Brother Columba was instrumental in the establishment of Today’s Catholic. He was one of the founding members of Today’s Catholic where the newspaper was his brainchild, initially as a bulletin for St Joseph’s Cathedral Parish but soon became an archdiocesan newspaper spreading to all corners of the archdiocese and beyond after a formal publication permit was granted.
Under his committed guidance, wise advice, and active participation, the newspaper quickly grew from its early beginnings in the mid-1980’s into what it is today – a current, well-run, and much admired Catholic newspaper.
Since the beginning of the newspaper he was the ‘force’ and ‘inspiration’ behind it, always advising, directing, contributing to, and encouraging the editorial team who often struggled to meet press deadlines and distribution targets in the early years.
He was chiefly responsible for procuring the name ‘Today’s Catholic’ for the newspaper. A naming competition was organised and he persistently persuaded the Catholic students in St Joseph’s Secondary School to participate, resulting in the winner entry from a student which is how ‘Today’s Catholic’ got its name.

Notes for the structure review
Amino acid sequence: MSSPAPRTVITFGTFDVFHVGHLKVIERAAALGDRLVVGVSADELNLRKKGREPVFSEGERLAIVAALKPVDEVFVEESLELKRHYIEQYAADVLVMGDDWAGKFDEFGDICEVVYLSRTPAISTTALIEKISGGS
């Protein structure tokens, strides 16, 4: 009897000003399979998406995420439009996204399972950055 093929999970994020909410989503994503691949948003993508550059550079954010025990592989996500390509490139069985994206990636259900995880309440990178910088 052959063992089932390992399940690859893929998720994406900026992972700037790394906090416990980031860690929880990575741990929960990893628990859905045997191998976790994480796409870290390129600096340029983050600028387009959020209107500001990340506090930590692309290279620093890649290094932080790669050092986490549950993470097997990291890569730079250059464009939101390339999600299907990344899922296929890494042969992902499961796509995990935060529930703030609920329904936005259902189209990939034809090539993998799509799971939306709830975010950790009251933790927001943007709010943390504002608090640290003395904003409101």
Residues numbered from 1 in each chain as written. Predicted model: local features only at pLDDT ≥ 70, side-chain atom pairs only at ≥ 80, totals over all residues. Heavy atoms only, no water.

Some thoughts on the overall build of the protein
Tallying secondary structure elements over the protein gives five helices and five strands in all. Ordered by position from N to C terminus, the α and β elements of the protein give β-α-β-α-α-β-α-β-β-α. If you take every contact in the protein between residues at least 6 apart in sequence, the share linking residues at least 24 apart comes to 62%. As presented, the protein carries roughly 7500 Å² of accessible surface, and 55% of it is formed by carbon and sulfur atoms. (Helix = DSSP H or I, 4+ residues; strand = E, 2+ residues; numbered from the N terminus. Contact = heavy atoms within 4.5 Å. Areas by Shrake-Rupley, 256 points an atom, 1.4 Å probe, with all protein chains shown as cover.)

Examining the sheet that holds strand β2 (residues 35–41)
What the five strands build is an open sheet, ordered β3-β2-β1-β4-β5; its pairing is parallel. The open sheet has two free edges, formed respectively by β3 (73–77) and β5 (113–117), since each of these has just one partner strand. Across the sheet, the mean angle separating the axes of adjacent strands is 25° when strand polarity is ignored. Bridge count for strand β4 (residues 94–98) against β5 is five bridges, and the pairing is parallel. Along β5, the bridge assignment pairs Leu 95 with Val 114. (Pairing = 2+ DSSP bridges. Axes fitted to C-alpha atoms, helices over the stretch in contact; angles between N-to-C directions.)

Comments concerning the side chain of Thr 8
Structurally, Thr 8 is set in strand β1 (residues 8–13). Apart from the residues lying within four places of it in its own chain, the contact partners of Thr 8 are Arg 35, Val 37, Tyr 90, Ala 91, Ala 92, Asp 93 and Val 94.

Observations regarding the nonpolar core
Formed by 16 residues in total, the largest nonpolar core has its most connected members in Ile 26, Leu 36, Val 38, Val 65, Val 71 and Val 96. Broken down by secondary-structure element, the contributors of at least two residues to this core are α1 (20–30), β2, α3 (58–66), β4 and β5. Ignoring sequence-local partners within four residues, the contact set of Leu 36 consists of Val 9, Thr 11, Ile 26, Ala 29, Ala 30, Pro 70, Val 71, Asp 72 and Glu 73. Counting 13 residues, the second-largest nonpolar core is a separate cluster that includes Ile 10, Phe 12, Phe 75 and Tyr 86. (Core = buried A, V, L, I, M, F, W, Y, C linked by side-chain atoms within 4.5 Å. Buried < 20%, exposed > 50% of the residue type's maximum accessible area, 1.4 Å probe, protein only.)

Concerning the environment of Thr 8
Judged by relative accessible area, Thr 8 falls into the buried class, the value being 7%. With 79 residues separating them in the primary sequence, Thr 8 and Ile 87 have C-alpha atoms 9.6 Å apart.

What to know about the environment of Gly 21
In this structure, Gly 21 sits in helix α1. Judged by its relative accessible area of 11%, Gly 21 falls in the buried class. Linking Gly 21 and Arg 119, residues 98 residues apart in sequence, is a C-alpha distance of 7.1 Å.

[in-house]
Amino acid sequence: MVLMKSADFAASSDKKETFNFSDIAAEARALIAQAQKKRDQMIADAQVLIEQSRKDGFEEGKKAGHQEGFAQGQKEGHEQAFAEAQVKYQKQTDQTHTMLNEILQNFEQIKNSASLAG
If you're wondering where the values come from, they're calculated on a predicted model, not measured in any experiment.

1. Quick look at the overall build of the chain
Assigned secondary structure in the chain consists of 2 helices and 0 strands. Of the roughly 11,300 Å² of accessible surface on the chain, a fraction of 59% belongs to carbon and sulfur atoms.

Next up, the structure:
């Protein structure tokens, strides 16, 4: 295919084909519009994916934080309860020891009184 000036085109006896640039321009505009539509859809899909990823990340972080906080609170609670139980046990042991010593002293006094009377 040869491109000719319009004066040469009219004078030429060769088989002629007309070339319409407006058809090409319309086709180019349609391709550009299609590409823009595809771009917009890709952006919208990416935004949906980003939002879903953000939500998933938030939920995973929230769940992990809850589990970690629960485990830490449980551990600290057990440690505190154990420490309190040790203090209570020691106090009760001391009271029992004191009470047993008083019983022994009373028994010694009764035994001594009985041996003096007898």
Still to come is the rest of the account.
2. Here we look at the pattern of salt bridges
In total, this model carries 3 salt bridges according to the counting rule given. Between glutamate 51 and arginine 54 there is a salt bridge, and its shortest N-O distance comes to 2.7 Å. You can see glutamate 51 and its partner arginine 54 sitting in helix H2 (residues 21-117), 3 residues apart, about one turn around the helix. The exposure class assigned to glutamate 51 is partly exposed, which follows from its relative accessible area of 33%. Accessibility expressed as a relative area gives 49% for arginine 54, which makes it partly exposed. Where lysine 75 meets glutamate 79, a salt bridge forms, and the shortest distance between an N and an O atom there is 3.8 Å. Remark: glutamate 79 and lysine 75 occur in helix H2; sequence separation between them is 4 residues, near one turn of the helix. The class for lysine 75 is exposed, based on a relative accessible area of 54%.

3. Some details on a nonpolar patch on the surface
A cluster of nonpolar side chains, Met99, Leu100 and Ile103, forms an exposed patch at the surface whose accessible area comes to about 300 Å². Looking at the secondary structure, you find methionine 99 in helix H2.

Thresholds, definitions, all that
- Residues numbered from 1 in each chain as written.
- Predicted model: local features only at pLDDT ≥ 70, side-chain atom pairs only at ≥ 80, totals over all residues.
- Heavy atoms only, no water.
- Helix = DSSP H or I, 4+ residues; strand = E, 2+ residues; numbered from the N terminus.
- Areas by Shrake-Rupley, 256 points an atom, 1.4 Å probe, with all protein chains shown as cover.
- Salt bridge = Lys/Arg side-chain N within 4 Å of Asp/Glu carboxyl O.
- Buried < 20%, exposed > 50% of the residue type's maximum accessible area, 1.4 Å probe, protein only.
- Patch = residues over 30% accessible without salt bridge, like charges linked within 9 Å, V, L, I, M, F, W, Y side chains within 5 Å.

Since the conception of Today’s Catholic in 1986 till he left Sarawak in 1997, he was the advisor and director for Today’s Catholic. In a couple of intervening years when the editor’s post was vacant, he even stood in as editor-in-chief.
As an advisor, he wasn’t just giving advice on the side lines. He was totally committed to giving spiritual and temporal advice, always guiding the editorial team to ensure that Church guidelines and doctrines were adhered to. As a director he actively participated in the operation and production of the newspaper – that news items were of quality and news worthiness, providing administrative support, and always suggesting ways to improve. But more importantly through his guidance and direction, he had imparted onto the Today’s Catholic team his steadfast vision for the newspaper – that it grows and directs itself to become an effective instrument to evangelise, and supplement the faith formation and spiritual needs, of our Catholic community.